Time by Dystopian Future MoviesRelease date: June 2, 2017
Label: Oak Island Records / Cargo Records Germany / Cargo Records UK
The debut full-length album by Dystopian Future Movies, Time, starts with the unsettling ‘Wasteland’, a spare piece that sets the tone for the whole album – despair, sorrow, loss, perhaps, most definitely defiance – laid out with just Caroline Cawley’s exquisite vocal and a haunting lone picked guitar melody. It nails the power of this album succinctly and superbly: Caroline’s voice. As the music gets heavier throughout the album her captivating sound is the constant – clear, wavering, beautiful.
Dystopian Future Movies describe themselves as ‘post-rock, post-metal, experimental band’ with a sound somewhere ‘between Neurosis and Chelsea Wolfe’. Personally, I’m not sure about the Neurosis reference, and I don’t get any post-metal either. It’s heavy at times in a rumbly, distorted guitar sort of way, but not metal, and reading the Neurosis link I expected a darn sight more edge. Comparisons with Chelsea Wolfe are favourable – think Pain of Beauty era rather than her later material – drawing on the power of a lone female vocal to lift and transform dark music to create beauty.
But pigeon-holing is unfair, and dismissal just because of a poor comparison short-sighted: such diversions detract from the music itself, and the creation of atmosphere. Following taster ‘Wasteland’ the template for the rest of the album is set with ‘Dulled Gilt’, introducing heavy distorted guitar to underpin a swirling rise in successive loud-quiet-loud passages deliciously topped with Caroline’s vocals. The tone of ‘Pieces’, the video for which was previewed exclusively elsewhere on this very site, is unnerving, making the listener feel slightly off kilter. It picks up, building to a shimmering conclusion in which the vocal is brought to the fore (it’s a little low in the mix elsewhere).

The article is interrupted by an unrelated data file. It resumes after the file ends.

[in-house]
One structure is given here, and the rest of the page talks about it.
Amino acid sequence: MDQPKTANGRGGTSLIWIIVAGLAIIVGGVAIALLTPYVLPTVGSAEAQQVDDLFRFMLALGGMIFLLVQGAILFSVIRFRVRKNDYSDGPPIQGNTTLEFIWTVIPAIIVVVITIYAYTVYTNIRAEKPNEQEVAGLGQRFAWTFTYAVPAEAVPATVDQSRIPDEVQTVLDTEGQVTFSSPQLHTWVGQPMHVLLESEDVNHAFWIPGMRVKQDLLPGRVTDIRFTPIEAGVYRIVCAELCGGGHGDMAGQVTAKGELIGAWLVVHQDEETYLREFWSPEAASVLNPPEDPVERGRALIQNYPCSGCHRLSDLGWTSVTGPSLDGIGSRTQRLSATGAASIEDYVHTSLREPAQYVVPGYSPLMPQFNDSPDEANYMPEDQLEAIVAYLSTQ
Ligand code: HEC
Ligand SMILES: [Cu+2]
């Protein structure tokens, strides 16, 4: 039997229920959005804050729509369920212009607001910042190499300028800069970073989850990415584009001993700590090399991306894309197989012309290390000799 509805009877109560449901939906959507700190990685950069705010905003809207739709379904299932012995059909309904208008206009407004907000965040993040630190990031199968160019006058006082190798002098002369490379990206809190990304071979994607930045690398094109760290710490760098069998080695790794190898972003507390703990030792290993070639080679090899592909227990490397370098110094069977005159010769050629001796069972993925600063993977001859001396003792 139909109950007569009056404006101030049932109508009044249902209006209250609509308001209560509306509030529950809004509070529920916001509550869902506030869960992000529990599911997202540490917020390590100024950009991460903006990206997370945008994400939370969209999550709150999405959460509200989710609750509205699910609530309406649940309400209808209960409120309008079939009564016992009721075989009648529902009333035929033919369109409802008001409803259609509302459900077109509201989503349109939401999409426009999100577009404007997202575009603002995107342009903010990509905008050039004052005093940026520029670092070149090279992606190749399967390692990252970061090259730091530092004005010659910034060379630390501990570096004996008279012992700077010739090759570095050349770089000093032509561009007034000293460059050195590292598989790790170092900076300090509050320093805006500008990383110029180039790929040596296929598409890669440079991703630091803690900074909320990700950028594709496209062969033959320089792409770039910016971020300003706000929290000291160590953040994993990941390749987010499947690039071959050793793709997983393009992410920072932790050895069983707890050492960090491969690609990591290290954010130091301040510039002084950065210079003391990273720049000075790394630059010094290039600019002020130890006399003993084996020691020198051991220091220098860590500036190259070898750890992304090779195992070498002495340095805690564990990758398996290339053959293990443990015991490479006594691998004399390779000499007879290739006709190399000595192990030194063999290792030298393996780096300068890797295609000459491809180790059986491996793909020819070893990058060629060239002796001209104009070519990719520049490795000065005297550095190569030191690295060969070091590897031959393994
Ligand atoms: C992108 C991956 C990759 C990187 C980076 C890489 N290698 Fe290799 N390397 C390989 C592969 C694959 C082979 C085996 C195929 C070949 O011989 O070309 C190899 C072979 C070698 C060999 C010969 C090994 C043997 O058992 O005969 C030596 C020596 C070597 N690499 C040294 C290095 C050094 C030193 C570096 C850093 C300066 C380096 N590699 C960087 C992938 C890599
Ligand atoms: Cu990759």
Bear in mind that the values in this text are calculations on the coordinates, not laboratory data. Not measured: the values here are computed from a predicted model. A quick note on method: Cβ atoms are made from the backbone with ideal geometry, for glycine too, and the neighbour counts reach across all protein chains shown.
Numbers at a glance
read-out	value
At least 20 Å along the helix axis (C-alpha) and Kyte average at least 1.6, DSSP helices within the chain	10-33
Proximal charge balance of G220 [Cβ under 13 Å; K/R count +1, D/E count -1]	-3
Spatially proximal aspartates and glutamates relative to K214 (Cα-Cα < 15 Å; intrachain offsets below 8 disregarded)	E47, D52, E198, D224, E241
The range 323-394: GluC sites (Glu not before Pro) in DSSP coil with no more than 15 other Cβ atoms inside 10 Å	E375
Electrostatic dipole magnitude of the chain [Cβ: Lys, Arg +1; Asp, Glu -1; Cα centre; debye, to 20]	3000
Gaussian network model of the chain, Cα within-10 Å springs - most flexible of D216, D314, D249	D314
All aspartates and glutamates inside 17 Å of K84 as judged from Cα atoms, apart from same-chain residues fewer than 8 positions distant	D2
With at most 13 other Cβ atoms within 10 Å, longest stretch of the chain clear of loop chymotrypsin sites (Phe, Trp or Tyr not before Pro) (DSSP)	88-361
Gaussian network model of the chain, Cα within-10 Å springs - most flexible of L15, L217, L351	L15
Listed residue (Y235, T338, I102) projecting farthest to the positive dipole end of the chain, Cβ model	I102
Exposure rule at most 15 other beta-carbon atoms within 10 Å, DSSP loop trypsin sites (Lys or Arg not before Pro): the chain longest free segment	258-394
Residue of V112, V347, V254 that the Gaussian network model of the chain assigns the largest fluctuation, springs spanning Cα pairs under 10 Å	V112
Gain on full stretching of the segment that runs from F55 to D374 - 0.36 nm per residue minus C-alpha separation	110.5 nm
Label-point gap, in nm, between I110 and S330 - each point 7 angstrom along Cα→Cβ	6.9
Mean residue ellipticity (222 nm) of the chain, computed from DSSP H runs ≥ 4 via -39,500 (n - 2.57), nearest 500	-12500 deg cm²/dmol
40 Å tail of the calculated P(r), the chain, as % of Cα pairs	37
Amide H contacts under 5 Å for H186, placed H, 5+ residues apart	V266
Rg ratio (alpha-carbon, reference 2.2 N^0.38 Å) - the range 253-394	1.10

‘Inertia’, with an intro reminiscent of Nirvana, continues to add to the mood. At first the album takes its time. The pace is leisurely. The atmosphere is almost dreamy, the melody allowed to take hold, not be rushed. The sound is deceptively simple: a perfectly pitched riff repeated, allowing itself to embed in your brain, until the crash and draw of the loud-quiet dynamic builds to a crescendo. All the time the soaring vocal adds depth and feeling. The end of ‘Inertia’ is much heavier and ‘Dissonant Aggressors’ takes a similar form but shows more teeth: the song’s second half builds into a gorgeous heavy drone, the riffs surging up, rolling back, reminding me of The God Machine’s Scenes from the Second Storey in full flow. There is still a firm undercurrent of restraint, however: this ain’t no metal album.
Final tracks ‘Fortunate Ones’ and ‘Fugitive Mind’ take their lead from the previous heavier tracks: the urgency is increased while retaining the signature guitar sound of repeated melody, layering and letting the tune get its hooks in you.
The power of the singing holds this album together and combines with the understated guitar tone to create a very cohesive whole. I look forward to seeing how the band use their debut to springboard to the next level: there’s a restrained heaviness lurking in this album that could be unleashed more fully to great effect.